More about our Master Spy
Some time ago I wrote up the story of Wally Clayton, who lived at Salt Ash. At the time of writing, he had been unmasked by Mark Aarons as a long time spy for the Russians. Aarons had retrieved a cassette tape where Clayton unknowingly admitted his guilt to Aarons’ late father who secretly taped the confession at Clayton’s Salt Ash home. He had long been suspected of espionage but was never charged despite years of surveillance and hounding by ASIO and other security services. There was a reason for this and the recent release of British top secret MI 5 documents places Clayton at the centre of an espionage ring which conveyed to the Japanese and Russians information about battle plans and troop movements. Had Clayton been convicted of this during the war years he could very well have been put up against a brick wall and shot. The declassified documents tell us why this didn’t happen.
Australia did not have a security service during World War 11 and sensitive military secrets were freely passed on to our government by both the United States and Britain. They assumed that this information was in safe hands.
It was the cracking of the Russian military code that sent shock waves through both of our allies’ security services and put an end the sharing of secrets with Australia. This led to the formation of ASIO and, ironically, ensured Walter Clayton’s freedom.
American codebreakers working on the ‘Venona’ project partially deciphered the Russian secret code and it soon became apparent that major security breaches were coming from Canberra. High ranking officials were sent out to trace the culprits and no more classified information was passed on to Australia.
Three government officials, Ian Milner, Jim Hill and Ric Throssel were identified as the source of the leaks and Walter Seddon Clayton, code named Klod or frequently as ‘K’ was seen as the agent who recruited spies, collected the secret documents and passed them on to the Soviets.
After being told of this, an embarrassed government set up its own security service (ASIO). Its highest priority was to regain credibility by getting rid known and suspected spies from government departments and to do something about master spy Wally Clayton.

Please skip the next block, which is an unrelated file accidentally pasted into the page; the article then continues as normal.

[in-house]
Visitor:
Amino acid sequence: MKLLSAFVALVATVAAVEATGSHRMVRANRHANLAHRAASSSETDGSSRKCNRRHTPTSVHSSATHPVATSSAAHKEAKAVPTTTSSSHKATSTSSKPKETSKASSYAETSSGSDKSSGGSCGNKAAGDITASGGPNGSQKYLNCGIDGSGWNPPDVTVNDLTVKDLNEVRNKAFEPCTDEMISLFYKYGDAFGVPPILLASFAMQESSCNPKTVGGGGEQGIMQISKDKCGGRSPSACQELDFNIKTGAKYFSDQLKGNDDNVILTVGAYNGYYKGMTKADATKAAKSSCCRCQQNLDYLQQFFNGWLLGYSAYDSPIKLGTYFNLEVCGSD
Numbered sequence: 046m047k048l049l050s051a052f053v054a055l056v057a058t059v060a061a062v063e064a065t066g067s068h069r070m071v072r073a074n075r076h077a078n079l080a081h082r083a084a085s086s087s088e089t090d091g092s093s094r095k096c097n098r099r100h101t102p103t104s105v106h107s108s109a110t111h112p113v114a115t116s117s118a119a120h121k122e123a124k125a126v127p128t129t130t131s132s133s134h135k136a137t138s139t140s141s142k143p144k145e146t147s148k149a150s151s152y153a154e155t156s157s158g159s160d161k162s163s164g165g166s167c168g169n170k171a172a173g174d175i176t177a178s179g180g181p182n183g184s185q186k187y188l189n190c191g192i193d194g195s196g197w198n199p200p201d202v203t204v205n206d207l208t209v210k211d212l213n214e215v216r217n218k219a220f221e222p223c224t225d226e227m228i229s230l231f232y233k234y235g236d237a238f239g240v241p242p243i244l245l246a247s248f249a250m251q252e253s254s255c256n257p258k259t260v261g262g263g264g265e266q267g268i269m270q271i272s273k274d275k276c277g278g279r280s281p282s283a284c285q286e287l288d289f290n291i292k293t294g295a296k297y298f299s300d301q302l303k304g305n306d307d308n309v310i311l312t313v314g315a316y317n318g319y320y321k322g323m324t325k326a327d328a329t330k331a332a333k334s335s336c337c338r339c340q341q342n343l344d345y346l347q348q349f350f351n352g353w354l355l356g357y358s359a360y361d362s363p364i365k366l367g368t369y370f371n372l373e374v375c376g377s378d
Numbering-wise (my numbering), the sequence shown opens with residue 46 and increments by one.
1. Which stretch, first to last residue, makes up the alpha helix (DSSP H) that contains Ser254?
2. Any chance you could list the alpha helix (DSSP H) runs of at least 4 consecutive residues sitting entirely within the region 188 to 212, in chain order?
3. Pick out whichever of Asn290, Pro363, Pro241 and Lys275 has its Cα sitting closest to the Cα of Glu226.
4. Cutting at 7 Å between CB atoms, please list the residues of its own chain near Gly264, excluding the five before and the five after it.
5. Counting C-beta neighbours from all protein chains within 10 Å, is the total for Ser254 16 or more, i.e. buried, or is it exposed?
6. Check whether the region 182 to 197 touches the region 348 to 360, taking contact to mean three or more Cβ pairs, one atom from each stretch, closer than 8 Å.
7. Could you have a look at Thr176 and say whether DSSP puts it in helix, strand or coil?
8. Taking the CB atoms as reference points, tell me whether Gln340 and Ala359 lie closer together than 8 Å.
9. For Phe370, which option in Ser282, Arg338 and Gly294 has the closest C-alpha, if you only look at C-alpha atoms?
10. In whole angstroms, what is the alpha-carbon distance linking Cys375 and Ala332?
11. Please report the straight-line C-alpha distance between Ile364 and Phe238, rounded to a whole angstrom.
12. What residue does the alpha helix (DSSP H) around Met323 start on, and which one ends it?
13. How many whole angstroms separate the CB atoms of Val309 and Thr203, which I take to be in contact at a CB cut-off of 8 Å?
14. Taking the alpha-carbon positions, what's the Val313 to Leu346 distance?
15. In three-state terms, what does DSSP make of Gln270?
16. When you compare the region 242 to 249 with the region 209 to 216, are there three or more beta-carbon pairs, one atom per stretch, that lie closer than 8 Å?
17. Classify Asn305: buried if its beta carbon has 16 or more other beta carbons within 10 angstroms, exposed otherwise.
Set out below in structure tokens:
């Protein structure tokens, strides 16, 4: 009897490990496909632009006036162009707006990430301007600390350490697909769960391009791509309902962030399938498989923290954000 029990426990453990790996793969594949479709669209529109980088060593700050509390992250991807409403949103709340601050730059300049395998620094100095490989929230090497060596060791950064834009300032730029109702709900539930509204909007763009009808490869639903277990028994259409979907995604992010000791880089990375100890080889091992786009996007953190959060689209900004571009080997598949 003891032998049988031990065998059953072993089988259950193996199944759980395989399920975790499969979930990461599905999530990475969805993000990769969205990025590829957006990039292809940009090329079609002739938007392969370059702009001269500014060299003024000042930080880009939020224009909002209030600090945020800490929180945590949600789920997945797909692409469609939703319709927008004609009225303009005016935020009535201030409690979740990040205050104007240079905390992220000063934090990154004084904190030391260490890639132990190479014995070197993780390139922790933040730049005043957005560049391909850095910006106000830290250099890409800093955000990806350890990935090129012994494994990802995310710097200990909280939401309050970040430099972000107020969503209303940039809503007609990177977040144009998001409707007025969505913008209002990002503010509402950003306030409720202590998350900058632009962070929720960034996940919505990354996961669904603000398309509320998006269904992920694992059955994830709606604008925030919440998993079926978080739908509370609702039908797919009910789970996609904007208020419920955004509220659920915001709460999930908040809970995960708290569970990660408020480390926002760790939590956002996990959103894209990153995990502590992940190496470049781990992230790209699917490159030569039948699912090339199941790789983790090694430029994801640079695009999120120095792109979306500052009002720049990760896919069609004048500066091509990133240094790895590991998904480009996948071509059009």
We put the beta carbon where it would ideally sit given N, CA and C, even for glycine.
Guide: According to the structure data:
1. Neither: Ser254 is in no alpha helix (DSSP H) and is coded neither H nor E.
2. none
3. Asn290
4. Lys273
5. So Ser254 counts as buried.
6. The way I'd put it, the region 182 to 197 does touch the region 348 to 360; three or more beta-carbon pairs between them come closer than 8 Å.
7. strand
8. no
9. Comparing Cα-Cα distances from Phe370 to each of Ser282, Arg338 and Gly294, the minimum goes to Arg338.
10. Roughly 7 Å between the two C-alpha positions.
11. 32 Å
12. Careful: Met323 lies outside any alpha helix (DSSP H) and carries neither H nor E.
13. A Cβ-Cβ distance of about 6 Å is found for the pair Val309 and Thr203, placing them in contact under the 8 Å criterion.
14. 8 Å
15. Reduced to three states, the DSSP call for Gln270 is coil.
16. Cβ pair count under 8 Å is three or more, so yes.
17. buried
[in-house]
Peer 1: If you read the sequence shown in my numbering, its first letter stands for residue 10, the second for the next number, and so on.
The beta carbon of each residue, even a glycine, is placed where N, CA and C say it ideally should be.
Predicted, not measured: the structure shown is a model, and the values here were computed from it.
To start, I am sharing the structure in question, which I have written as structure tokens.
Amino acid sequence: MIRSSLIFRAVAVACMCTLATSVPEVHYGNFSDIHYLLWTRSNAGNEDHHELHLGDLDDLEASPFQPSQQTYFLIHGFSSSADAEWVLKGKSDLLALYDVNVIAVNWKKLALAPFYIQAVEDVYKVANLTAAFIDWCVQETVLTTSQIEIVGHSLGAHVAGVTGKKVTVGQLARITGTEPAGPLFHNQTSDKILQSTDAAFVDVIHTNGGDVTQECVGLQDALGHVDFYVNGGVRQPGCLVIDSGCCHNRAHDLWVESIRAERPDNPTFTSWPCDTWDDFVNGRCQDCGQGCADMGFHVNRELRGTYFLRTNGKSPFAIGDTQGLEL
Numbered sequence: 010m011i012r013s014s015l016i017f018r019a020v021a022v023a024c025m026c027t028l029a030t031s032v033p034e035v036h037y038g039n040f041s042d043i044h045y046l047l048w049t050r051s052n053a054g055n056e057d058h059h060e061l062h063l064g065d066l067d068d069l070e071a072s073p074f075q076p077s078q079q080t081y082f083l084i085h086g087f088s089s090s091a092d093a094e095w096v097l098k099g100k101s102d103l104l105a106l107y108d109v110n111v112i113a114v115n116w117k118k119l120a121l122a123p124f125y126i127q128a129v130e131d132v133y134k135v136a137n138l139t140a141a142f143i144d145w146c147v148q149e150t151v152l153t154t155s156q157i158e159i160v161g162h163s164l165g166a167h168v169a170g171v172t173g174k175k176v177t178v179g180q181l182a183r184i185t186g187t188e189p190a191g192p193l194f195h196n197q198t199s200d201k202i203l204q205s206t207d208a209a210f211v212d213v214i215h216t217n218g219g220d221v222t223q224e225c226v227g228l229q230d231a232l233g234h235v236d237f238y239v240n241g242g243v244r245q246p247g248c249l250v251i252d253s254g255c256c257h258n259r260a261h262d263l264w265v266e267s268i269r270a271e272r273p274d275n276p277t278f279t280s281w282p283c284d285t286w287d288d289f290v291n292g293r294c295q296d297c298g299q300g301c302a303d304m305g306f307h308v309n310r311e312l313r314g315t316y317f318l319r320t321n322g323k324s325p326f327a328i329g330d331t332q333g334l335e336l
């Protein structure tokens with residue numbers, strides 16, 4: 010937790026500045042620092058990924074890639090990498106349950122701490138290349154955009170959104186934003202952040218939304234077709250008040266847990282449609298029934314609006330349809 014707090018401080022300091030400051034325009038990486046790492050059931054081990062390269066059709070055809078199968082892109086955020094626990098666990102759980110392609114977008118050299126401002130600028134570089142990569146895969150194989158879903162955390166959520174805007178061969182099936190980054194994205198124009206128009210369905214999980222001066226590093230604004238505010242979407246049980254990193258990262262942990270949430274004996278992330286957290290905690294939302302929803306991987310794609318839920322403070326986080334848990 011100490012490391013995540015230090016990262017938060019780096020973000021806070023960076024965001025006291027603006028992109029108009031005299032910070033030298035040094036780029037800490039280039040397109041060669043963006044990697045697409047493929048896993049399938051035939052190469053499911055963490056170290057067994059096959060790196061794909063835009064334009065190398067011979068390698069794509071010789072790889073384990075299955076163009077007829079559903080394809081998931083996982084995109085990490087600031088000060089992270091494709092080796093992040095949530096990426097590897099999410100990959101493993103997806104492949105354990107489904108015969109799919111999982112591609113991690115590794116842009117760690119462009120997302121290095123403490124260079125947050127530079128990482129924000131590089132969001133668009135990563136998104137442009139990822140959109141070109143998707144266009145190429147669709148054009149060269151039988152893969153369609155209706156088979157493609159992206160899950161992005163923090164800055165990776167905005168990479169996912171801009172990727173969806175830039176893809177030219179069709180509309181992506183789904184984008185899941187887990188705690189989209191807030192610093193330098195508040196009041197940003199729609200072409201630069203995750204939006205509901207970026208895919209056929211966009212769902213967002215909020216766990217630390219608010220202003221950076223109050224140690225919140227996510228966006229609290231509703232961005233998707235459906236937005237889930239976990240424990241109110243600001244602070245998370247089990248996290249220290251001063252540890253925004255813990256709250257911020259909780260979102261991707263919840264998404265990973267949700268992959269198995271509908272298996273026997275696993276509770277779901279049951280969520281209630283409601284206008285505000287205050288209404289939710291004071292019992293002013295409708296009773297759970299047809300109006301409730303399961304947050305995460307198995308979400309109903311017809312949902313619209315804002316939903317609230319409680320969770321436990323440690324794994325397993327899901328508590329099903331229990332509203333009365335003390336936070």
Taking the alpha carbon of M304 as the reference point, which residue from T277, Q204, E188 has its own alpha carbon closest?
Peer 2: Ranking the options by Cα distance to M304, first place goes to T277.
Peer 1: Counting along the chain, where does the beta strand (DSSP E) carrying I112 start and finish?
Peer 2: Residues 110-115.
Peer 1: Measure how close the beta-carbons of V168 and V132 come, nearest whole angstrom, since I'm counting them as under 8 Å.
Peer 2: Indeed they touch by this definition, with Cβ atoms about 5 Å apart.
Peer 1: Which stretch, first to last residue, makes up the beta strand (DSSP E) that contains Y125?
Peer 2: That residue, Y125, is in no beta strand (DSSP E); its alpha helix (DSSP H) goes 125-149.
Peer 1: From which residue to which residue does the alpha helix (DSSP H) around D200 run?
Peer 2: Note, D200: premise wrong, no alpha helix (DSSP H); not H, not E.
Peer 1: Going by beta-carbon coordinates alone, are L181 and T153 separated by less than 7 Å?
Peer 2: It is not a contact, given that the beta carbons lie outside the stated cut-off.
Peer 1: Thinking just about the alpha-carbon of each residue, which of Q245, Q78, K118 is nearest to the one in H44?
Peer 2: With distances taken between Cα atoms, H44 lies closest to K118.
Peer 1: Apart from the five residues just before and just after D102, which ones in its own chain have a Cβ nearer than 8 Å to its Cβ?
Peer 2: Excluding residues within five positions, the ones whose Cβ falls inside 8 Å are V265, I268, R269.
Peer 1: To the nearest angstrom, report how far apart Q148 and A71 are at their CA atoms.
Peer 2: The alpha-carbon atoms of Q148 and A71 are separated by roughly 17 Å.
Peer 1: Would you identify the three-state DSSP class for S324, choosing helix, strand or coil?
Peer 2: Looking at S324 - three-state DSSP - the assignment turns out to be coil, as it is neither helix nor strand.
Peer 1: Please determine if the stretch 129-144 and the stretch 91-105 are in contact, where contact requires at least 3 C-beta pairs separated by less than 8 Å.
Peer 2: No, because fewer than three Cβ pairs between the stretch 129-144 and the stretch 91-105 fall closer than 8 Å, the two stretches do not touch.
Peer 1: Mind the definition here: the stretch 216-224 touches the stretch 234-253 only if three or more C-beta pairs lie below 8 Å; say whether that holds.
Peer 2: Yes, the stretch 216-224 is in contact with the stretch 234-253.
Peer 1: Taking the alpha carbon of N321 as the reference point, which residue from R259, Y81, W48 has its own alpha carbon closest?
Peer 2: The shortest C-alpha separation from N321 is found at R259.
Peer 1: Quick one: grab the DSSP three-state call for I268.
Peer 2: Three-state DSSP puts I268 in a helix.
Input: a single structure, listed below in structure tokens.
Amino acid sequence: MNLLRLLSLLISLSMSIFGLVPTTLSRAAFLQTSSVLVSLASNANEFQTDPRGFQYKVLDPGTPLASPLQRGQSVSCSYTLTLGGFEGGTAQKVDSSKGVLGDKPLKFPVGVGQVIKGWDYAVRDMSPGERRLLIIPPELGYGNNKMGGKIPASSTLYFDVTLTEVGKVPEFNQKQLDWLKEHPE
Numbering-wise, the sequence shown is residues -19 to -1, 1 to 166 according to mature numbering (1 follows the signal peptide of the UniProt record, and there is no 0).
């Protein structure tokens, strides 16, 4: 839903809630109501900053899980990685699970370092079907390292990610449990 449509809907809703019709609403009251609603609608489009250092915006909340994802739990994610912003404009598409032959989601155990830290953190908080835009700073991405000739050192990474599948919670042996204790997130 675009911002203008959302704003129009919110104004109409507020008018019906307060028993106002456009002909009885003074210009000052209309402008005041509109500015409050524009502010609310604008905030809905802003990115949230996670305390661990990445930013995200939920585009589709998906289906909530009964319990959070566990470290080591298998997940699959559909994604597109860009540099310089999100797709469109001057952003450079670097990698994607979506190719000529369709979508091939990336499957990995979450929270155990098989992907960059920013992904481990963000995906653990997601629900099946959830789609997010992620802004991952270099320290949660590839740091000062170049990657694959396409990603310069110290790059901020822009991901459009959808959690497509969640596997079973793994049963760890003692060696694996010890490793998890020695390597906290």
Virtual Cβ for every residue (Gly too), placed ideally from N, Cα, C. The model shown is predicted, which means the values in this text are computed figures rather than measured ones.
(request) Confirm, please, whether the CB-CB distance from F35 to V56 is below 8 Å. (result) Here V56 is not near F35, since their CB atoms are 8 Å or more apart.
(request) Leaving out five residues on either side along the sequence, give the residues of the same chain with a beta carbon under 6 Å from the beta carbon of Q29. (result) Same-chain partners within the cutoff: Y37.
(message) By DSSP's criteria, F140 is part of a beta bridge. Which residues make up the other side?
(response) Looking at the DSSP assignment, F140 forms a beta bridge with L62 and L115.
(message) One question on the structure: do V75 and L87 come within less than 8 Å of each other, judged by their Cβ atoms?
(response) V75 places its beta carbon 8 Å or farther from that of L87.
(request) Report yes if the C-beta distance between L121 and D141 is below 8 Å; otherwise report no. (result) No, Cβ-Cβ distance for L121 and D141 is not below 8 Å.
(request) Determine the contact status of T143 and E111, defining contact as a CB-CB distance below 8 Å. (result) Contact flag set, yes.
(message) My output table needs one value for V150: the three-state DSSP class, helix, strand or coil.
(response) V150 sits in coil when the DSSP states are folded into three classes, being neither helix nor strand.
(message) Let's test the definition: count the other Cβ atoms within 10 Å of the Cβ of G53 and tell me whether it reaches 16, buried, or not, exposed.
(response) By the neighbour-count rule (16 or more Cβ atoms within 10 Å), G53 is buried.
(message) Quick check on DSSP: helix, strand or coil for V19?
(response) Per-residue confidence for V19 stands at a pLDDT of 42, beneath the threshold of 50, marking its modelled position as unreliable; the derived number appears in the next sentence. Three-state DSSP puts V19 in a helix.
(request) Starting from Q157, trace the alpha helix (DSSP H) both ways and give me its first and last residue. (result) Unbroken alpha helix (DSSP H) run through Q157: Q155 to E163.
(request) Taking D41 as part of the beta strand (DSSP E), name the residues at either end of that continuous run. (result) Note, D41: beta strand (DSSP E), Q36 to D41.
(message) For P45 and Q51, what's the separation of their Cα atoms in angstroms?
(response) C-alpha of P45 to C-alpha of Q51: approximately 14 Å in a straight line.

The government officials’ careers came to an end. They were quietly shuffled sideways into dead-end jobs and denied access to classified documents. But what to do about Clayton? To haul him before the courts would mean that they would have to admit that they had cracked the top secret Soviet code to identify him. This was unthinkable. It was more important to keep getting secrets from the Russians than to lock up Clayton.
ASIO, under the control of former army officer Brigadier Charles Spry, decided to nail Wally Clayton another way. They would hound him relentlessly, gather incriminating evidence and force a confession from him. This is why he ended up living amongst us as an isolated fisherman on Broughton Island off Port Stephens.
Simply known as ‘The Case’, the operation to expose Clayton became the biggest ever mounted by ASIO, consuming vast resources and countless thousands of man-hours. Government agents infiltrated the Communist Party of which Clayton was an active member; his phone was tapped; he was shadowed. Such was the intimidation by ‘heavies’ from ASIO knocking on his door that the Communists provided him with a bodyguard in the form of a well built waterside worker. Despite relentless pressure over many years and a forced appearance before the Royal Commission into espionage Wally didn’t crack. He found his escape from the relentless pressure working as a humble fisherman at Port Stephens. Fishing had been a lifetime passion for him and he became very good at it, being known locally as ‘The Snapper King.’ ASIO still kept an eye on him however, employing local professional fishermen to report on his activities.
With the collapse of Communism, the hunt for ‘reds under the bed’ and secret agents faded but in recent times the name Walter Seddon Clayton keeps popping up. He featured in the declassified MI 5 documents and the SBS documentary ‘I Spry’ screened ASIO film footage of Wally and his wife Peace.
Apart from stories of Wally Clayton handed down to the younger generation of fisherfolk at Port Stephens, the memory of the master spy still lingers for residents of the Tilligerry Peninsula.
Former hardware store owner George Robinson recalls delivering materials to Wally’s somewhat modest home in Hideaway Estate [sic] Salt Ash; Elderly lady golfers remember being entertained by Peace at her home and Mallabula doctor Ross Devine cared for the couple in their declining years.
“They were a devoted couple,” he said. “They showed great interest in alpacas and travelled around the countryside inspecting them.”